US firm 'runs covert Pakistan ops'

Blackwater successor running assassination and kidnap programme, magazine says.

    Peshawar has borne the brunt of recent Taliban attacks in retaliation for a military offensive [AFP]

    Hunting bin Laden

    Scahill, citing military intelligence sources and a former Blackwater official, said the programme began with an agreement between the US and Pakistani governments.

    In video


    Mosharraf Zaidi and Jeffrey Addicott speak
    to Al Jazeera about Blackwater

    "In 2006, the Bush administration struck a deal with the government in Islamabad that would allow US special forces to actually enter Pakistani territory if what they were doing was hunting Osama bin Laden or his top deputies.

    "The agreement was such that the Pakistanis said that they would have the right to deny that they had given permission."

    There was no immediate comment from Islamabad on the story, and Scahill said that the White House also failed to respond to his request for comment.

    But he said the office of Admiral Mike Mullen, the chairman of the US Joint Chiefs of Staff, had contacted him to reject the allegations.

    "I did not call them, they called me and told me that the [allegations] did not stand up to reality," Scahill said.

    "I've talked to my sources though, and they say that it's possible that officials within the military chain of command are simply not in what [they] called 'the circle of love' on this programme."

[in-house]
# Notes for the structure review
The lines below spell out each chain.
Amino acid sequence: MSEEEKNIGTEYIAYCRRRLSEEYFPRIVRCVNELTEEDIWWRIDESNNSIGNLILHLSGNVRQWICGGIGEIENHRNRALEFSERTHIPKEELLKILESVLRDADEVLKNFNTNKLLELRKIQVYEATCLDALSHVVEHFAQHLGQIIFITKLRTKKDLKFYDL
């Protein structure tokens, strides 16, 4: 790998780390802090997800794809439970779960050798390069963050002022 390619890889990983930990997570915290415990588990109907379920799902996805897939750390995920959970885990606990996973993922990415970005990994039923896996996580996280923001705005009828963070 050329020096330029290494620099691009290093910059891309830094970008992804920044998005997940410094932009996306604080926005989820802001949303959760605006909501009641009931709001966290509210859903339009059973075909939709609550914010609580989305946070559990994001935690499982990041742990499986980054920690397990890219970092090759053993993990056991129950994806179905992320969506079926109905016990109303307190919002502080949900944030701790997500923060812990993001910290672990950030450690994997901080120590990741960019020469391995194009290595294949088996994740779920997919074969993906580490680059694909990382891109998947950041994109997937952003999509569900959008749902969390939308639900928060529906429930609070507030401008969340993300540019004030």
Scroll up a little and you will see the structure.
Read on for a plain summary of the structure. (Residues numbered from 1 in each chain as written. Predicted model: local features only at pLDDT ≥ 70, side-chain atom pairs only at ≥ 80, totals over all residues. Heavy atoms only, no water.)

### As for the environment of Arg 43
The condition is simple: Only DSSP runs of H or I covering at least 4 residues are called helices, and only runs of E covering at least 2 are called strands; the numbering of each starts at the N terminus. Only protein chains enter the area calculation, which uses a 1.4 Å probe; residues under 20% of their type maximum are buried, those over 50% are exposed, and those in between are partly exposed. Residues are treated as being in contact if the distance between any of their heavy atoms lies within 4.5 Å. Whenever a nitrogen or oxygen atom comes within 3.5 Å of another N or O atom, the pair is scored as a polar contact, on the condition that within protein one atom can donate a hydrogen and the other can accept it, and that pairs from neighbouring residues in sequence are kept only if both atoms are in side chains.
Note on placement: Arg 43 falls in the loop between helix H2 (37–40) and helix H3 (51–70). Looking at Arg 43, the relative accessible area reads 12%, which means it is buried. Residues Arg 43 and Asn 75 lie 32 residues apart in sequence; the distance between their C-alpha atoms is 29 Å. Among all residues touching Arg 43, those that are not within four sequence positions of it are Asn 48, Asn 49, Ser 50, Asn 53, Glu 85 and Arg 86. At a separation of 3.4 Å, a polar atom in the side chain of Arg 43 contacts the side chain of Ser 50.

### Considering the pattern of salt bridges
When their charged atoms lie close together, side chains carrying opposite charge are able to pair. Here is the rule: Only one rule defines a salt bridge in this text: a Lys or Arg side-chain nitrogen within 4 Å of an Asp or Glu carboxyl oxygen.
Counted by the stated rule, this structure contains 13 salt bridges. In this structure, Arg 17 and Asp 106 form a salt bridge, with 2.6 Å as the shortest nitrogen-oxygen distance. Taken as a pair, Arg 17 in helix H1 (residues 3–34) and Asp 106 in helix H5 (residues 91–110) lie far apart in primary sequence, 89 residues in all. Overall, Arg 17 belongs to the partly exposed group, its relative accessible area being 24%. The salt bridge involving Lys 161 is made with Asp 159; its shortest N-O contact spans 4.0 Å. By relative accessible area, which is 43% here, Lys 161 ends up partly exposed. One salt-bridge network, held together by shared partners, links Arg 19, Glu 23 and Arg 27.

US officials have said that they believe northwest Pakistan is a hiding place for al-Qaeda fighters, including Osama Bin Laden.

    Blackwater blamed

    In depth

      Video: On Pakistan's frontline
      Video exclusive: South Waziristan's civilians suffer
      Video: Civilians flee Pakistani army offensive
      Video: Security crisis in Pakistan
      Video: Pakistan army HQ attacked
      Profile: Pakistan Taliban
      Witness: Pakistan in crisis
      Riz Khan: The battle for the soul of Pakistan

    The northwest tribal region, and in particular Peshawar, the capital of the North West Frontier Province (NWFP), have borne the brunt of attacks perpetrated by the Taliban in recent weeks.

    The attacks are in apparent retaliation for a military offensive launched in the country's semi-autonomous tribal region of South Waziristan against members of the Tehreek-e-Taliban Pakistan, one of the main anti-government groups.

    But a spokesman for the Taliban last week blamed Blackwater for at least two of the recent bombings.

    Azam Tariq posted a video statement on the internet, saying the Taliban attacks never aimed to target civilians and that the explosions were linked to Blackwater activities in the country.

    Xe has denied having any contracts in Pakistan.

    The North Carolina-based firm provides security for diplomats around the world, but it is facing charges of human rights violations stemming its part from a 2007 shooting in Iraq that left 17 civilians dead.

    SOURCE: Al Jazeera and agencies


    YOU MIGHT ALSO LIKE

    'We scoured for days without sleeping, just clothes on our backs'

    'We scoured for days without sleeping, just clothes on our backs'

    The Philippines’ Typhoon Haiyan was the strongest storm ever to make landfall. Five years on, we revisit this story.

    How Moscow lost Riyadh in 1938

    How Moscow lost Riyadh in 1938

    Russian-Saudi relations could be very different today, if Stalin hadn't killed the Soviet ambassador to Saudi Arabia.

    Daughters of al-Shabab

    Daughters of al-Shabab

    What draws Kenyan women to join al-Shabab and what challenges are they facing when they return to their communities?